The Government is providing £1.6m of additional funding to Cornwall Council and Plymouth City Council to cover a proportion of the financial shortfall caused by the impact of Covid 19 on the Tamar Bridge and Torpoint Ferry. The funding – to be split equally between the two authorities – means that proposals to increase toll prices at the beginning of next year will not need to go ahead at this stage.
Each council will receive £821,553 from the compensation scheme set up by the Government to help local authorities deal with the impact of the coronavirus. This will cover the period up to July 2020. A further application for a second tranche of funding to cover the remainder of the financial year’s losses is also anticipated to be successful,
The announcement of additional funding follows requests to the Government for urgent financial support for the two crossings from the Joint Chairs of the Tamar Bridge and Torpoint Ferry Joint Committee and the portfolio holders from Cornwall Council and Plymouth City Council with responsibility for transport.
Welcoming news of the funding Councillor Geoff Brown, Cornwall Council’s portfolio holder for Transport, and Councillor Mark Coker, Plymouth City Council’s cabinet member for Strategic Transport, Planning and Highways, said
The announcement of this first tranche of additional funding for the crossings is very good news and we would like to thank the Government for recognising the seriousness of the financial situation we were facing”.
Following last year’s increase in toll charges, we had not expected to have to introduce any further changes until at least 2023. Unfortunately the first lockdown resulted in a major drop in the levels of traffic at both crossings, whilst services and maintenance continued. With income continuing to be lower than anticipated pre-Covid, the organisation’s reserves were depleted and we were facing a growing financial deficit, leaving us with no alternative but to consult on reducing the pre-payment (TamarTag) discount and increasing cash tolls.
Tamar Crossings operate the Tamar Bridge and Torpoint Ferry, together typically carrying around 18 million vehicles a year. Their operation is governed by the Tamar Bridge and Torpoint Ferry Joint Committee. It receives no subsidy from either Central Government or the owners of the two crossings – Plymouth City Council and Cornwall Council – and operates on a self-funded ‘user pays’ principle, with toll income used to operate, maintain and improve the bridge and ferries.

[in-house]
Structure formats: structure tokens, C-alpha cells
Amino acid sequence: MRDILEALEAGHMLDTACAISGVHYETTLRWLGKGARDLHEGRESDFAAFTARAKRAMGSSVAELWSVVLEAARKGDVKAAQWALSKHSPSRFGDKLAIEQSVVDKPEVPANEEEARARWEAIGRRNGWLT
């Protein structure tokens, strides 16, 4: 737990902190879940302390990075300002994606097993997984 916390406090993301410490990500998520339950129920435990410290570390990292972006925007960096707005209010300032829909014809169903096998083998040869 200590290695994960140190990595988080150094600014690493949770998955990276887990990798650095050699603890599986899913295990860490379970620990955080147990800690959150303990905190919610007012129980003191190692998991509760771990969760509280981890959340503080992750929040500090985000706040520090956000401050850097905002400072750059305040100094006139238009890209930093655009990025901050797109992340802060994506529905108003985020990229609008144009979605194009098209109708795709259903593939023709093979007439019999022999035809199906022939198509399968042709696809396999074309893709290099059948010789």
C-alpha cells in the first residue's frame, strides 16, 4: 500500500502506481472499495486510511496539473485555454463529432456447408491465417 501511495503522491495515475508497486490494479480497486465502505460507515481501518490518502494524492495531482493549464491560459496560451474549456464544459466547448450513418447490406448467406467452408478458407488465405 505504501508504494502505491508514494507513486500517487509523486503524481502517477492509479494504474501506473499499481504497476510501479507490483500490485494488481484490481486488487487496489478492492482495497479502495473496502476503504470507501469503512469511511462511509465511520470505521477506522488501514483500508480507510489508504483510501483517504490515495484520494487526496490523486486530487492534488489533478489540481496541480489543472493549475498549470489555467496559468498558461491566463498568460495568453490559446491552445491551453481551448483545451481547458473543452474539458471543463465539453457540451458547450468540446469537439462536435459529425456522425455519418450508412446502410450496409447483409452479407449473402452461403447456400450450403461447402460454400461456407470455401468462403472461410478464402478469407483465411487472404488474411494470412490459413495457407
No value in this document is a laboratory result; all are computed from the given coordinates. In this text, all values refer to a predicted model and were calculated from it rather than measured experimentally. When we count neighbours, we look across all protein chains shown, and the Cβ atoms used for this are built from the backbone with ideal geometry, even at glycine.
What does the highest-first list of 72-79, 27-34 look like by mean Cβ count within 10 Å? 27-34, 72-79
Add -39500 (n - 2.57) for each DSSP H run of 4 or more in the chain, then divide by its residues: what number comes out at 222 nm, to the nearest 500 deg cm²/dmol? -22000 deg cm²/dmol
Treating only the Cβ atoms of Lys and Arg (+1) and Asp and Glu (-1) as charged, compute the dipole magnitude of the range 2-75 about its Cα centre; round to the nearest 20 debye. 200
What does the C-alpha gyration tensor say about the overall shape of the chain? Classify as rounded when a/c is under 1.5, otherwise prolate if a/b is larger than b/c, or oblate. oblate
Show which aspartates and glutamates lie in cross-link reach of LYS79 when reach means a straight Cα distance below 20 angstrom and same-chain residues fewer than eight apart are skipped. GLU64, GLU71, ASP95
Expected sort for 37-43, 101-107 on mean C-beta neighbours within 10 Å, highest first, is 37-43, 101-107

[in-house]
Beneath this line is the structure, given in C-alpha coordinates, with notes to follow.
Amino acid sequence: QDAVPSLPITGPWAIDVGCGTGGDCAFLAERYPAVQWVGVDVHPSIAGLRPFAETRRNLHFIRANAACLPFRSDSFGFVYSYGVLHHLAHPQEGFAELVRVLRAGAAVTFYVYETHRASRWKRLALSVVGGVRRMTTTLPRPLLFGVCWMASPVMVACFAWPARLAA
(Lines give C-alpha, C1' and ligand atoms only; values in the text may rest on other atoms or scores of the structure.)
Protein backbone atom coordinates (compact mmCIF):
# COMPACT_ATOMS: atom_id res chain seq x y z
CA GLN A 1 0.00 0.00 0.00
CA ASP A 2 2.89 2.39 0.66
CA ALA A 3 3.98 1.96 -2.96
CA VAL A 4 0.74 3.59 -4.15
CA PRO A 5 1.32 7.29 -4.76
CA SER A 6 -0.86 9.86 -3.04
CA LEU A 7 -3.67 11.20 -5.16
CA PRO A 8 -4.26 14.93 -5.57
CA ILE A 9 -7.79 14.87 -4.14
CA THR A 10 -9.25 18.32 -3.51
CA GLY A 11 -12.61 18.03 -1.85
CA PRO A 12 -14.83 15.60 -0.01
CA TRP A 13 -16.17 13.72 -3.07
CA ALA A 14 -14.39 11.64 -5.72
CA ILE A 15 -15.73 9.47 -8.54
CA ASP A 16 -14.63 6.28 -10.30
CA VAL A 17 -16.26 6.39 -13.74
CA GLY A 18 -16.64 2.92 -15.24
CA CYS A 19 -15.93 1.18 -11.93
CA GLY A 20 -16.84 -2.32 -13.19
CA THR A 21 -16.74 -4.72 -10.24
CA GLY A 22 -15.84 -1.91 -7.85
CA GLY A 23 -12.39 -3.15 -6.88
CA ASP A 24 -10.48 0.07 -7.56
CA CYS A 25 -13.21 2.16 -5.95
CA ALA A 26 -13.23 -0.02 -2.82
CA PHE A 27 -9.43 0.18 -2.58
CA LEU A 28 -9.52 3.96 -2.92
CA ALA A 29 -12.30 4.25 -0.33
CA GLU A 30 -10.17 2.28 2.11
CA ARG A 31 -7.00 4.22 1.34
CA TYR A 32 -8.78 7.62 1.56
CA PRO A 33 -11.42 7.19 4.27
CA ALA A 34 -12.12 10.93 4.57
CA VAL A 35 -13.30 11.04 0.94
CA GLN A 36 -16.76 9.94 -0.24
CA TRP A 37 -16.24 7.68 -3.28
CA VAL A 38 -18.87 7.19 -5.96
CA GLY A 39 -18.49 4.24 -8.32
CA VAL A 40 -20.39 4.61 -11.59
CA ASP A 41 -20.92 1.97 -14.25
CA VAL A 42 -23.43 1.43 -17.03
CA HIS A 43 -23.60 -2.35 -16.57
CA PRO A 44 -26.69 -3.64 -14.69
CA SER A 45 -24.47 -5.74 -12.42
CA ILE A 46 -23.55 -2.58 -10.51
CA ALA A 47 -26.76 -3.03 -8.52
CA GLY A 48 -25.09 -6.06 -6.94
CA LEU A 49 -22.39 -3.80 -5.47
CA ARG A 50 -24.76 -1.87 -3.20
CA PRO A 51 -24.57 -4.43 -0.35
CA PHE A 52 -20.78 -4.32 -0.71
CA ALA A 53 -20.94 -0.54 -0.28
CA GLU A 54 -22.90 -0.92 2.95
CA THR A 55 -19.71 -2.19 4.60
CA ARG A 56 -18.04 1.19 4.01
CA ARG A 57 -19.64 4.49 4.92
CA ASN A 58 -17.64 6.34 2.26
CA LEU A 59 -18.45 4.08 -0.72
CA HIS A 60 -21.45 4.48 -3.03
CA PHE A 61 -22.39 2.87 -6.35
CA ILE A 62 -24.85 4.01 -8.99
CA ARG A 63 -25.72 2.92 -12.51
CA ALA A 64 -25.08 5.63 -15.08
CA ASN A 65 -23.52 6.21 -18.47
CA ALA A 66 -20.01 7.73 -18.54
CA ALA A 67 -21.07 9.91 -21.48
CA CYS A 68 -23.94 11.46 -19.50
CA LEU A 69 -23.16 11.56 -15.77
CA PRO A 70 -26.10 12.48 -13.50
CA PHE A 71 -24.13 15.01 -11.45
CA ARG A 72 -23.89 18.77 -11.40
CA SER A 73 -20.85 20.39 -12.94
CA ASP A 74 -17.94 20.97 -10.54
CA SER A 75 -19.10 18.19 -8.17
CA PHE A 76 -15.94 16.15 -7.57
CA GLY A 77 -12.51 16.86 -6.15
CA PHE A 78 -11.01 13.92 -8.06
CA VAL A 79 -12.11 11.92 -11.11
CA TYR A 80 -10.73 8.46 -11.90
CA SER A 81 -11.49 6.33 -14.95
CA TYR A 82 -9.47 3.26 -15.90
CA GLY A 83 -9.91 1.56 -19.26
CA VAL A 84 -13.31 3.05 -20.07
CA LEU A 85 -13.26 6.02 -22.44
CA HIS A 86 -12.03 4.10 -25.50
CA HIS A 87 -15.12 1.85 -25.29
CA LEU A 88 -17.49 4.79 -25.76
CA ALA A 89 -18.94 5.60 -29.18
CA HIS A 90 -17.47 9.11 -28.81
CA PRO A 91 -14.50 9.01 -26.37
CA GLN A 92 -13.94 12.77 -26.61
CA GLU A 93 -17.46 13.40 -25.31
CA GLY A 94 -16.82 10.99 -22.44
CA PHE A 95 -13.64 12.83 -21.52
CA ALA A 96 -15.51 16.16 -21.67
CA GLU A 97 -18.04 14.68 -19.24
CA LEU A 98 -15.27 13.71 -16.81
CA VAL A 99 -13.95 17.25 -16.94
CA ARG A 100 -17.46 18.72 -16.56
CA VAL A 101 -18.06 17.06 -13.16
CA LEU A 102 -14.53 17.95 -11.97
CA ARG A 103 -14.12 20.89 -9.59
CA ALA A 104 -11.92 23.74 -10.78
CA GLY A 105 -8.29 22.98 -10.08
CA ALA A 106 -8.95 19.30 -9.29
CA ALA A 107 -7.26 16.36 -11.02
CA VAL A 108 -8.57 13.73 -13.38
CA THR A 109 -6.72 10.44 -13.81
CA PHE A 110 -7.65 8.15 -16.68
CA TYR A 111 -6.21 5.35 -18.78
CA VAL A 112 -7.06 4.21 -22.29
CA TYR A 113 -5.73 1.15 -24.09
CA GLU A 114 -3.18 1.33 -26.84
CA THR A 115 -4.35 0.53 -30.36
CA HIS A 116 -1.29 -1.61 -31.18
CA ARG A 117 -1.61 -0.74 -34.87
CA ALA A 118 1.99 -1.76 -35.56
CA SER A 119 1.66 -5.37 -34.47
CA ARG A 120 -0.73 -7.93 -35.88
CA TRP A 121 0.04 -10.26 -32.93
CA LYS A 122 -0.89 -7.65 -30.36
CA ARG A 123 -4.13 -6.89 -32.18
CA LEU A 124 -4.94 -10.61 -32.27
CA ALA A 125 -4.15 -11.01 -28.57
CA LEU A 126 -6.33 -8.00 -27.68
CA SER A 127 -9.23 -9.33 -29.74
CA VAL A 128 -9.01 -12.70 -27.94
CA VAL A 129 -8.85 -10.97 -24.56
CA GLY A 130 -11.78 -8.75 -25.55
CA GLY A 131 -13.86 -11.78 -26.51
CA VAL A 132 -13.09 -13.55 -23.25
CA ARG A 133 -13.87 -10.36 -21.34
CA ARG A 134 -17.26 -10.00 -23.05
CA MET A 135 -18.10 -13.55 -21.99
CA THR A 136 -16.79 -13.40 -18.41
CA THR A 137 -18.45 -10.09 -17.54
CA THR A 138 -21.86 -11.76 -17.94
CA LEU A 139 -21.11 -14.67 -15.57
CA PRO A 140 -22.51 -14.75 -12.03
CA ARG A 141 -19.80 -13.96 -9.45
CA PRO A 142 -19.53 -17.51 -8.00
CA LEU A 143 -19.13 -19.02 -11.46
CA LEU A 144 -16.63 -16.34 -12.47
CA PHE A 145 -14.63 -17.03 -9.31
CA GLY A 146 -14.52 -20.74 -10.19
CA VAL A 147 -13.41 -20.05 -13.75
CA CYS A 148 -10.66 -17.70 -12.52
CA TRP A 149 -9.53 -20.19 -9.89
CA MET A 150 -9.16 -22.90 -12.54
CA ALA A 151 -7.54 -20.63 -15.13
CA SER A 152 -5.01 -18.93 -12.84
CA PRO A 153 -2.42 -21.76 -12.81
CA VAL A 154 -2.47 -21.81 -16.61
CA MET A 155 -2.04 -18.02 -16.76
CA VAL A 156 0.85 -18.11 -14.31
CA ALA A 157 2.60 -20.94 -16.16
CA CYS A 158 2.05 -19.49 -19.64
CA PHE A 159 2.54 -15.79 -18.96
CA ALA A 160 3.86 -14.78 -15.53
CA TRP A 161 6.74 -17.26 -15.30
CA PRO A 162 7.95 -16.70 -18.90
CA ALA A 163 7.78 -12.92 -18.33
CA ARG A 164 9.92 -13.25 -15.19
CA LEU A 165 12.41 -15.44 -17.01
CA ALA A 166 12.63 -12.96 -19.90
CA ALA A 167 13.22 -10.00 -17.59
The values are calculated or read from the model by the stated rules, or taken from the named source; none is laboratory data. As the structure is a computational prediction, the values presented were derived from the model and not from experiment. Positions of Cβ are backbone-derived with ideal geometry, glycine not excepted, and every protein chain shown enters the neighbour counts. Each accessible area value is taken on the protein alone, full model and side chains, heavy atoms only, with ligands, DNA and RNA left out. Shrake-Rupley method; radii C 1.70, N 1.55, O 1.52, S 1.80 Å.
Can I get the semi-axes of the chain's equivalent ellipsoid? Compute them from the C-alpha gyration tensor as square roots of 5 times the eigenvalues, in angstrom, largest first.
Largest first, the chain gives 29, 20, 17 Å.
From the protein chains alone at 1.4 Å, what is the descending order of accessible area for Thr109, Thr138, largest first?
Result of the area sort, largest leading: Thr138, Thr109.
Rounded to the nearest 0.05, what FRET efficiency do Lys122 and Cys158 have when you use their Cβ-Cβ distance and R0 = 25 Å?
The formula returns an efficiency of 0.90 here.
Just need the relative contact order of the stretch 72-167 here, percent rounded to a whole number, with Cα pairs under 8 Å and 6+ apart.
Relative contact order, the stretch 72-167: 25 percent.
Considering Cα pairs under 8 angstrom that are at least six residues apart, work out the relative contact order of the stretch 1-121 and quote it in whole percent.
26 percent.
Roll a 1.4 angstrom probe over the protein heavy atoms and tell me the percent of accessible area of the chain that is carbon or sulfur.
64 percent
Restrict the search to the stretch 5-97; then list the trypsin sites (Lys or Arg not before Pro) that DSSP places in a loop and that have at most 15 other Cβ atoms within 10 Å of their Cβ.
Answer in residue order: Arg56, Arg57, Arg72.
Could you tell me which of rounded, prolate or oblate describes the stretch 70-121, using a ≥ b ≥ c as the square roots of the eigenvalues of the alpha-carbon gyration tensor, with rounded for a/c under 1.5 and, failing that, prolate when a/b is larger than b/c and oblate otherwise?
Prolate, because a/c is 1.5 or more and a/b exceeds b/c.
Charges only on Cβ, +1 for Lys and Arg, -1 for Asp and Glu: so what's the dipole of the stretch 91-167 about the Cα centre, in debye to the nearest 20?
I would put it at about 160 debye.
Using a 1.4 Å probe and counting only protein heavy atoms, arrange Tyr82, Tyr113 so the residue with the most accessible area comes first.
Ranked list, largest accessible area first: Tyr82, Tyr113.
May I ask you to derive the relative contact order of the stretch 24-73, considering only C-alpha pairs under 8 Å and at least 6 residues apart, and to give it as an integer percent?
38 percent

As a result of the coronavirus pandemic, traffic levels at both crossings have been significantly below the level anticipated late last year when the original budgets for this year were set. With the organisation’s modest reserves now depleted, Tamar Crossings has been facing a significant financial deficit.
The legislation does not allow the crossings to operate at a deficit – with any shortfall in funding required to be covered by the parent authorities.
We said at the start of the consultation that the decision to revise prices could be halted at any stage if circumstances changed as a result of additional Government funding or a significant increase in traffic levels, and a toll increase was no longer needed.
The £1.6 million funding covers nearly three-quarters of the loss of income up to the end of July and enables us to avoid an end-of-year deficit and defer an immediate increase. We also hope to get a second tranche of support for the rest of the financial year. In the meantime we will need to constantly monitor traffic levels and income to assess the ongoing effects of the pandemic on our finances.
The consultation carried out by Tamar Crossings during the past few weeks has generated some very useful information on people’s views of the tag discount and travel behaviours. This is now being analysed but early indications show that more people anticipate working from home and travelling less by car in the future.
The results of the consultation suggest that we may well see a long-term reduction in traffic levels as a result of Covid-19 and changing travel behaviours even without further lockdowns. This would inevitably have an impact on our future income.
We will be keeping the situation under constant review and will be using the breathing space provided by the Government funding to look at the future structure of charges and secure the long term future of the crossings
One of the funding options being pursued is securing a financial contribution from Highways England. Earlier this year the Minister of State for Aviation, Maritime and Security asked her officials to enter into discussions with Highways England over contributing towards the costs of maintaining the bridge.
Officers from the two councils are working up a detailed plan of the annual maintenance costs of providing the A38 strategic road across the bridges to identify a specific figure to support these discussions. Work is also taking place to draft the case for supporting the ferry crossing as a strategic link to south east Cornwall and Plymouth.